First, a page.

For many of us, our interactions with seniors are characterized by the time we spend helping care for our grandparents, parents, or friends in old age. Old age as a life stage is underrepresented in popular media and entertainment, including in journalism.
The harms of discriminating against seniors extend beyond the obvious demographic. There is evidence that young adults are increasingly burdened by our society’s lack of accessibility and attention to old age. A current Stats Canada report found that 27 percent of young Canadians provide care for persons in old age facing struggles with aging needs, disability or long-term health issues. The duty to provide care was found to adversely affect studies and employment, as well as increase psychological stresses such worry and anxiety.
We may enjoy providing care for important people in our lives, but these situations are challenging and complicate our lives in a time when we many of us are trying to get our own ducks in a row. We often feel that we can’t say “no” to helping out, and in many instances the people we care for would face adverse circumstances if we weren’t there to help.
As youth, we don’t give much attention to topics such as pensions and other old age benefits. It seems unnecessary to inform ourselves about these things when they seem part of a distant future, but they are realities that affect us now because they affect our grandparents and parents. In 2023, the Old Age Security benefit in Canada will increase the age requirement to 67.
Furthermore, the amount of attention the word “pension” gets in politics and in the media would have most of us believe it’s a lottery we receive every month once we hit senior citizenship. It’s not. Roughly speaking, if you meet the maximum earning contribution mark of approximately $55,000, you will receive just over $1,000 per month from the Canadian Pension Plan, and if you have lived in Canada for at least 40 years after turning 18, an OAS benefit of just over $500 per month. This really sets the tone for how we think about the possible financial challenges for seniors in our lives and people in old age overall.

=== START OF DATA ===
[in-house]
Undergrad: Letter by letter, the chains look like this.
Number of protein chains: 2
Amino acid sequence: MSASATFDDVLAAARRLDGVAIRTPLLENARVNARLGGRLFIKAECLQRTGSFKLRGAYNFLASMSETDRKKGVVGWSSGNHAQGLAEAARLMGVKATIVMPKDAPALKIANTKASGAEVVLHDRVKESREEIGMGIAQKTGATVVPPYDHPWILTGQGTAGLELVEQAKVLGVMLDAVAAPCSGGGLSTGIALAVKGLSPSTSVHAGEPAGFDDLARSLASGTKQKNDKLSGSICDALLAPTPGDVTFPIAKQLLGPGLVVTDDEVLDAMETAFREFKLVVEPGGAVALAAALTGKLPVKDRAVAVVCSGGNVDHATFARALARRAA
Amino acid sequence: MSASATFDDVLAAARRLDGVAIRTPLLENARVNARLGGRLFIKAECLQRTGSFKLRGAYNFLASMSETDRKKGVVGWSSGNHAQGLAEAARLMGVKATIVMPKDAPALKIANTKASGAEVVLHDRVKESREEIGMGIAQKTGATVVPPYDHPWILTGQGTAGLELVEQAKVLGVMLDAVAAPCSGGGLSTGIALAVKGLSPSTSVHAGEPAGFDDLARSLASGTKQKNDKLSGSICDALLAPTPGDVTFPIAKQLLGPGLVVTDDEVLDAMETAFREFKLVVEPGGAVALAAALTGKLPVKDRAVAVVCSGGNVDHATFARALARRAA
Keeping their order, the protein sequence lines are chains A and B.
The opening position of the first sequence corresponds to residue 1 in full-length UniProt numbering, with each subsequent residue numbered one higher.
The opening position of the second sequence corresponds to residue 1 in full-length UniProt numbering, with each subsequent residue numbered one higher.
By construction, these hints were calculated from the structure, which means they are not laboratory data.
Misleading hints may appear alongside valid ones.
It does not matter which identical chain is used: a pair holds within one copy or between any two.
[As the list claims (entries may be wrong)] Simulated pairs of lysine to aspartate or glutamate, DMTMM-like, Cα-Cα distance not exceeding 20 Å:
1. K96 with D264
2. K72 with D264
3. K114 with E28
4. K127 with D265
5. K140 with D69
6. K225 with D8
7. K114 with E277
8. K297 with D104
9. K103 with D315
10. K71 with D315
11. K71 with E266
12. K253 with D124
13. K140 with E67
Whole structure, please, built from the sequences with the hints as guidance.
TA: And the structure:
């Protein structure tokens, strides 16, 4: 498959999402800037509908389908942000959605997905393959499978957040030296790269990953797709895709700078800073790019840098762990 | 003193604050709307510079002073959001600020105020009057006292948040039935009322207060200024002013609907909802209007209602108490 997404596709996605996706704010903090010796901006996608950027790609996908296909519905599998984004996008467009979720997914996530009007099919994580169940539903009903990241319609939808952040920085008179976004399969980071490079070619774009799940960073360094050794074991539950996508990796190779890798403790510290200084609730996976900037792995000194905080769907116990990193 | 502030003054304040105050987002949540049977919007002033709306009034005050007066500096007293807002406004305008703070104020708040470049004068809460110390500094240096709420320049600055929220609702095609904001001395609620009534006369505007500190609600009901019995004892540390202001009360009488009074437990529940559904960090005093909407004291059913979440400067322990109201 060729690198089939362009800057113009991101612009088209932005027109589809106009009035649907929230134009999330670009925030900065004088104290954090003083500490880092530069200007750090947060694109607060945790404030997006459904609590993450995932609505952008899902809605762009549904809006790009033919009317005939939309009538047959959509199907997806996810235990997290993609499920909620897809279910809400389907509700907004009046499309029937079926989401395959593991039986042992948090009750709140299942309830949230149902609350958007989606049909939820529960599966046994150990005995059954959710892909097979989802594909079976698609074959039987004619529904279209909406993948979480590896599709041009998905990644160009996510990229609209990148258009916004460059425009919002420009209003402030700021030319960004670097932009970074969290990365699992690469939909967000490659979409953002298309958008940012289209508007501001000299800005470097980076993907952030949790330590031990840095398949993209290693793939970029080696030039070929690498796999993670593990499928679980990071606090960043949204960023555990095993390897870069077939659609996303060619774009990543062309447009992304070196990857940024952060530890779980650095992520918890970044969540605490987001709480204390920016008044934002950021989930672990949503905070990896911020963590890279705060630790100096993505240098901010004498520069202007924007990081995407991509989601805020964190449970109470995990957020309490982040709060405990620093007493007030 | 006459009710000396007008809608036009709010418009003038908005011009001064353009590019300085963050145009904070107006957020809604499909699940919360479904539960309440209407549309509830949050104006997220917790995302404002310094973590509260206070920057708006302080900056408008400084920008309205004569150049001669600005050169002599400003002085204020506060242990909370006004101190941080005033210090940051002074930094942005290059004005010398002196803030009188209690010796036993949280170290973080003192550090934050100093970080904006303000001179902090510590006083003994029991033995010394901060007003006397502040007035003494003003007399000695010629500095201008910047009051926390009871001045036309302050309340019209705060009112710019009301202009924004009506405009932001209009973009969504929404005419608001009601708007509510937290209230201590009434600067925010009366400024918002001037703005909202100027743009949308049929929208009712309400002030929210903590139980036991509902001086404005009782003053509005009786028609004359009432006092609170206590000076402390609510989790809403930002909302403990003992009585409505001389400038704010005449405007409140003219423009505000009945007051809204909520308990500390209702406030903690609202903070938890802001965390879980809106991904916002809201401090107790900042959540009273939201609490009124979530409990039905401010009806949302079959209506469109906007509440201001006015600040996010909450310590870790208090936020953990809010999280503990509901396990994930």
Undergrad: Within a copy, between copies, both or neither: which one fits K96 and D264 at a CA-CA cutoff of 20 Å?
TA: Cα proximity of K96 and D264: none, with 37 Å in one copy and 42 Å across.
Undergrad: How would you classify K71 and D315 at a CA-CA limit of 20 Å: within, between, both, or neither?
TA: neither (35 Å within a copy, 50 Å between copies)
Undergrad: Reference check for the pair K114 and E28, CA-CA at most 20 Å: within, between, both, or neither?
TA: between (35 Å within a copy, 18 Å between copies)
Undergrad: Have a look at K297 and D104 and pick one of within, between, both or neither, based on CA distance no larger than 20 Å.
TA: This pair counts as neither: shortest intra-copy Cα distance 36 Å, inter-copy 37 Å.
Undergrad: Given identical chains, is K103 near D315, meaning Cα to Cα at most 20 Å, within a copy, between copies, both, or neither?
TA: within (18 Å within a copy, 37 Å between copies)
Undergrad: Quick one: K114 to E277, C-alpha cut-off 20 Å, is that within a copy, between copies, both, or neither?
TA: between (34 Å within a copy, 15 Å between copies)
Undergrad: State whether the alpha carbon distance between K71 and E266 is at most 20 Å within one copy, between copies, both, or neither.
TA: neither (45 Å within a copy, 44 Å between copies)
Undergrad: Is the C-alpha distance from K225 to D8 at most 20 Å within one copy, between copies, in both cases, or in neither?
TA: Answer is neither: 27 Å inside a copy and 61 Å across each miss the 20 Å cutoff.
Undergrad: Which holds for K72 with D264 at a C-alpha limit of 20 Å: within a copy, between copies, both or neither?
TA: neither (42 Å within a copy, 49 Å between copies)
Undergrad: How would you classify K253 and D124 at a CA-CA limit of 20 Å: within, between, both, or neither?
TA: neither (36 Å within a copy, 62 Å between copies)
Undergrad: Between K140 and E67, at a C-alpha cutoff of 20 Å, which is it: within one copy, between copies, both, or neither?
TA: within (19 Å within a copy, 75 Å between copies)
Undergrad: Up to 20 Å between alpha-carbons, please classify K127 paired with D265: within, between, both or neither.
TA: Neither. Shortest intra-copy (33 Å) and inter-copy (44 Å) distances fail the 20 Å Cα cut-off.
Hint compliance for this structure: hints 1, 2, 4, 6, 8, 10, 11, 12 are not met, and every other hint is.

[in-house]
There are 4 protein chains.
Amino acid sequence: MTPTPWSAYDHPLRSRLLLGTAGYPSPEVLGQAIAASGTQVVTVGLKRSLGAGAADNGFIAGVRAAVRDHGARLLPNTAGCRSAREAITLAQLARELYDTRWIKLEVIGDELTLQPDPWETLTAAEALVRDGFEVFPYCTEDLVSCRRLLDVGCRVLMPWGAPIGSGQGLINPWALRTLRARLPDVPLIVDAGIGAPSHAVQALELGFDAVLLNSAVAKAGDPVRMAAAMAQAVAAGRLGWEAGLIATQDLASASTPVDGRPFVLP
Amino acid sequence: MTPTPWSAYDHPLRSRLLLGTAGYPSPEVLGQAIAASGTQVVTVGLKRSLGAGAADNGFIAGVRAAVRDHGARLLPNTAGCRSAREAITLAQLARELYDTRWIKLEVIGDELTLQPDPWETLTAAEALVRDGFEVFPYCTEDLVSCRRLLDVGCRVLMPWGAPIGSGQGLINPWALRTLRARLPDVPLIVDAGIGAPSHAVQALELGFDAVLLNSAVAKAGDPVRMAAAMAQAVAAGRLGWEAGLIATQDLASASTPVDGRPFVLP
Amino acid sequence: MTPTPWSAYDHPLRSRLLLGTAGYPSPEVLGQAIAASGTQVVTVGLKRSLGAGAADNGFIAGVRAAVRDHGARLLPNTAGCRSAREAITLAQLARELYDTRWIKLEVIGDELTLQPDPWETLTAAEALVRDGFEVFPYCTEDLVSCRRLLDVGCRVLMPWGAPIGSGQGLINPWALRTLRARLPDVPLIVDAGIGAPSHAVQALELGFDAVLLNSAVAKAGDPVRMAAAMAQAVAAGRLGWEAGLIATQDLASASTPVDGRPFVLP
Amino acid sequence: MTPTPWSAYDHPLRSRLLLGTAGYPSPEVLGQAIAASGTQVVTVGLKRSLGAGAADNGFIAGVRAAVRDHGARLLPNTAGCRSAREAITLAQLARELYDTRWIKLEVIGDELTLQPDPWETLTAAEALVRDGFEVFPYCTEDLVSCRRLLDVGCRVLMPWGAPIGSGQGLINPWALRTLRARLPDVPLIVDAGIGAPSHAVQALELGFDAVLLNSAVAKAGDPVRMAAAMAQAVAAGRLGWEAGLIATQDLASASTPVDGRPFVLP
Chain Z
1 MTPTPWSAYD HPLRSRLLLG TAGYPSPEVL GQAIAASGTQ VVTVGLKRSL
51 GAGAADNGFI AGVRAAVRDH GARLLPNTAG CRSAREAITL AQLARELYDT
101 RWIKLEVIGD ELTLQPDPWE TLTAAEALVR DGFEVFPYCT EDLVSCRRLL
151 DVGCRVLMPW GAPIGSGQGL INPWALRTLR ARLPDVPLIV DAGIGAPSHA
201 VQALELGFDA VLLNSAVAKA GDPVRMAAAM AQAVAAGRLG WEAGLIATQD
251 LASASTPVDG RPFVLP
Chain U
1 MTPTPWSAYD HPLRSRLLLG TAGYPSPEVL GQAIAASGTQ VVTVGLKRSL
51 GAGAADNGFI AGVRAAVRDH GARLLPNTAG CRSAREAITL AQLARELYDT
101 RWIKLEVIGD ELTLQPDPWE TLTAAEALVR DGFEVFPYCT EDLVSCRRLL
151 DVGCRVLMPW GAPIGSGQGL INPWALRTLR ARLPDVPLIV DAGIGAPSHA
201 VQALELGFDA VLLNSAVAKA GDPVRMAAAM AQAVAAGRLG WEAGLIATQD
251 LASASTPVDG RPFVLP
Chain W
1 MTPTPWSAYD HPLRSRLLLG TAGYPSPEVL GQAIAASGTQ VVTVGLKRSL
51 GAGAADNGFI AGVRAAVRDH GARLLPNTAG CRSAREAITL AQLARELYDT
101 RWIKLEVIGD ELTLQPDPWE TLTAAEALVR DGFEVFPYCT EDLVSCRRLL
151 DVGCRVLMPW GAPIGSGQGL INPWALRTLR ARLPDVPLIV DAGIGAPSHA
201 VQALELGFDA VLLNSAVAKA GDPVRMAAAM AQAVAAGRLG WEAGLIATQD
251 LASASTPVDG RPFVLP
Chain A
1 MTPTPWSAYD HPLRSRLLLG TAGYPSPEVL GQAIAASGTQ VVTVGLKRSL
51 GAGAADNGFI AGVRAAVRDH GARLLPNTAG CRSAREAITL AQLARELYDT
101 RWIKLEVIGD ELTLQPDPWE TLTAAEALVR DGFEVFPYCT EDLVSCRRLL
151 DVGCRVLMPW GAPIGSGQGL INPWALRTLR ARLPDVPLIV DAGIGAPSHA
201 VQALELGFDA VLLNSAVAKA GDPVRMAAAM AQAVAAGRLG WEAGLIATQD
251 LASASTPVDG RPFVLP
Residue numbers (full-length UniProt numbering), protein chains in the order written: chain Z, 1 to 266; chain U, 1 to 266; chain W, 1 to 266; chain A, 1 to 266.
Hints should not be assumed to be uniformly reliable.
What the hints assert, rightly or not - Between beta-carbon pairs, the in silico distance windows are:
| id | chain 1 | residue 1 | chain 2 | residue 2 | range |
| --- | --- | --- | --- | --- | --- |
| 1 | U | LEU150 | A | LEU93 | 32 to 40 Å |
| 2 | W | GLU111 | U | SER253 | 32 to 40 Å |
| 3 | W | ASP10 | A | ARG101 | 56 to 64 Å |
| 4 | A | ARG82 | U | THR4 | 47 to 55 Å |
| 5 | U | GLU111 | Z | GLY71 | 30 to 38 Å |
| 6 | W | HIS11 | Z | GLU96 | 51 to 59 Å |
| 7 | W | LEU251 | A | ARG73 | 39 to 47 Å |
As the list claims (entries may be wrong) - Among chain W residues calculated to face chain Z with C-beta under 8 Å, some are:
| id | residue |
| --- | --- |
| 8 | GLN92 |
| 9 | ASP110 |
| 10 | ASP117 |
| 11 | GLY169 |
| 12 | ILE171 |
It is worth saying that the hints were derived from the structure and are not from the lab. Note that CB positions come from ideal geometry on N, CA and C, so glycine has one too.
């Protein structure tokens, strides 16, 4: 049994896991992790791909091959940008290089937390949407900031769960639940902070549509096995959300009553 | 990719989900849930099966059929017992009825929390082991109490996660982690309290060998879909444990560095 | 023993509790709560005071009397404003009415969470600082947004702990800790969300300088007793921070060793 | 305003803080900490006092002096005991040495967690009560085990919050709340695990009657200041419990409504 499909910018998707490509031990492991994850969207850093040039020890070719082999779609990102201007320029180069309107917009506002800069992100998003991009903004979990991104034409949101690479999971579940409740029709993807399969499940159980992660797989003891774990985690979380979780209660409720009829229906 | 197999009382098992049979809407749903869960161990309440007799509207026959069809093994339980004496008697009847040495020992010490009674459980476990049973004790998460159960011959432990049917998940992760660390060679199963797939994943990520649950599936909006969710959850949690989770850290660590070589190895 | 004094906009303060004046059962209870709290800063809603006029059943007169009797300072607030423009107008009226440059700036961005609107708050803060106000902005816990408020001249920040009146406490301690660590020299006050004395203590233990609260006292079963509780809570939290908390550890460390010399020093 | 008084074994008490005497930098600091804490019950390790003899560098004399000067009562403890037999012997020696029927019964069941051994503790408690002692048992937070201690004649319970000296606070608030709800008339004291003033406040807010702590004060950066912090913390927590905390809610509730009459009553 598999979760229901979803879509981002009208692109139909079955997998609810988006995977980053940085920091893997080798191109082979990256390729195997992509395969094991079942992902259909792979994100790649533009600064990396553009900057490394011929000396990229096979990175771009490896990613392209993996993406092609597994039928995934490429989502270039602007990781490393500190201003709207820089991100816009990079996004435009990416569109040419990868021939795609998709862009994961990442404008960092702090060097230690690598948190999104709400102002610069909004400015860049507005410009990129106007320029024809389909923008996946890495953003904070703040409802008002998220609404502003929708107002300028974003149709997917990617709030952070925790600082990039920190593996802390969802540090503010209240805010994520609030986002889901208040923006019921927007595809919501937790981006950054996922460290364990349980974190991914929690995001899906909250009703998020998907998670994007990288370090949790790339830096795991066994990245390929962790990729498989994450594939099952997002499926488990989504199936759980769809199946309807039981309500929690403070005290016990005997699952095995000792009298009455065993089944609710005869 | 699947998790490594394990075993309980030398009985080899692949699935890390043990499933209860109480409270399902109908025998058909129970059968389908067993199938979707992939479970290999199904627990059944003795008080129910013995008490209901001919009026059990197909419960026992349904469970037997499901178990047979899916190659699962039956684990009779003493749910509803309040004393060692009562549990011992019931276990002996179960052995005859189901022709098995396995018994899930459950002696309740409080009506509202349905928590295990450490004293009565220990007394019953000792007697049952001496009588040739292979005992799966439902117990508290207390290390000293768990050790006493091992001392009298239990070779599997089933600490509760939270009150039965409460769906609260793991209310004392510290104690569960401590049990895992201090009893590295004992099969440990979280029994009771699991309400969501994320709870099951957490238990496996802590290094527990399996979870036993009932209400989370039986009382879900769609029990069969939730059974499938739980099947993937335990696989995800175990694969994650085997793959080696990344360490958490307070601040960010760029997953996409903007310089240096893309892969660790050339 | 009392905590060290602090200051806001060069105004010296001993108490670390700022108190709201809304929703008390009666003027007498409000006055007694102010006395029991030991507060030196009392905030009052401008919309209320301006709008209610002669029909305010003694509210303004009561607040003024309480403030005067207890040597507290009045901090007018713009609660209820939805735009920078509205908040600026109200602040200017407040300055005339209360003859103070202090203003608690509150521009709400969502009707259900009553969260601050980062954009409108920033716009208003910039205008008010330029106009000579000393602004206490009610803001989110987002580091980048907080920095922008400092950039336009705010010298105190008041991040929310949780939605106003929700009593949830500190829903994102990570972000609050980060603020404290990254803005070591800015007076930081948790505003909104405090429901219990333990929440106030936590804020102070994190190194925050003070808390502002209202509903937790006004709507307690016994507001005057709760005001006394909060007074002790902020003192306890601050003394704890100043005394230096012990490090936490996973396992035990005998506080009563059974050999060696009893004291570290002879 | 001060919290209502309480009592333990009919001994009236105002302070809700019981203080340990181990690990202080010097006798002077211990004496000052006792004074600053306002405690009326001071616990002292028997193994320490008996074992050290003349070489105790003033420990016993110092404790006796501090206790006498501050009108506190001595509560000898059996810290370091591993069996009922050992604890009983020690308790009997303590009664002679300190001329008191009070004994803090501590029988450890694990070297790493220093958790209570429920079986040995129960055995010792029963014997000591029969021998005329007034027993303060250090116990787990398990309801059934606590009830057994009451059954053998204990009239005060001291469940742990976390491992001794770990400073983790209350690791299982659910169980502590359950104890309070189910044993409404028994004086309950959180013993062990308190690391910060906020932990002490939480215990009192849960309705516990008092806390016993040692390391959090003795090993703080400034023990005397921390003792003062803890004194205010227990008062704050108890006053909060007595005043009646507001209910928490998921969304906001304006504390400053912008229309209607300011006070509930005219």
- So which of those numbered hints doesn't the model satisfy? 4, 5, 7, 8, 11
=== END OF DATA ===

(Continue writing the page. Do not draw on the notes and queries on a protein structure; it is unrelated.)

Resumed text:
If persons in old age had better financial security and accessible services, many youth would not be faced with the challenge of providing care. Transportation, meal services, and additional healthcare expenses would be things that we wouldn’t need to worry about if they existed as affordable and accessible services.
Our attitudes and culture plays a huge role in all this. We often forget, whether we are in favour of the welfare state or not, that old age is an immutable stage in life. The challenges that come with old age bring threats to our autonomy and an increased need to pay for service. The beauty of talking about old age is that we can all be advocates because it’s an expected life course; it’s on the itinerary.
How can we be more inclusive of old age outside our family members and friends?
Our attitudes may not show or seem to affect the seniors in our lives, but outside of these relationships, there is no doubt that the general public is filled with discrimination and stigma.
It is estimated that by 2050, 25 per cent of Canadians will be seniors. A survey paid for by Revera, a provider of retirement homes and long-term care, found that many of the stigmas associated with old age including incompetence and “having nothing to contribute” run counter to the fact that seniors are more likely than any age group to say that “age is just a number.”
This speaks to the importance of valuing our minds. The word “old” can really only refer to physical traits, and isn’t a reflection of intelligence. Wisdom and experience are the true judgments of aging.
It was beautiful.
The sky was blue, the brick was red, the grass was green and the tree was so, so, gold.
I remembered sitting on the scratchy carpet in Mrs. Nordahl’s grade one class, learning about why trees change colour in the fall. As autumn days are cut to darkness and fall is cut to winter, the green pigments flood out, extraneous without the light that feeds them. Gold is the colour of death.
But as we extoll upon fall’s fiery beauty, we might ask why we find it so. The reds and yellows splattering our campus are omens of winter, and a symbol of vanishing vitality. They are the tree’s last words, and their parting gift before a barren darkness.
As I stood next to viagra canada Bates residence staring up at this incredible tree, I wondered why we don’t revel in spring the same way. Sure, everyone loves spring, the blissful rebirth after a harsh winter, but we don’t savour it. We keep looking ahead to summer. Fall is different because it’s ephemeral. We know it won’t last. We don’t like what comes next.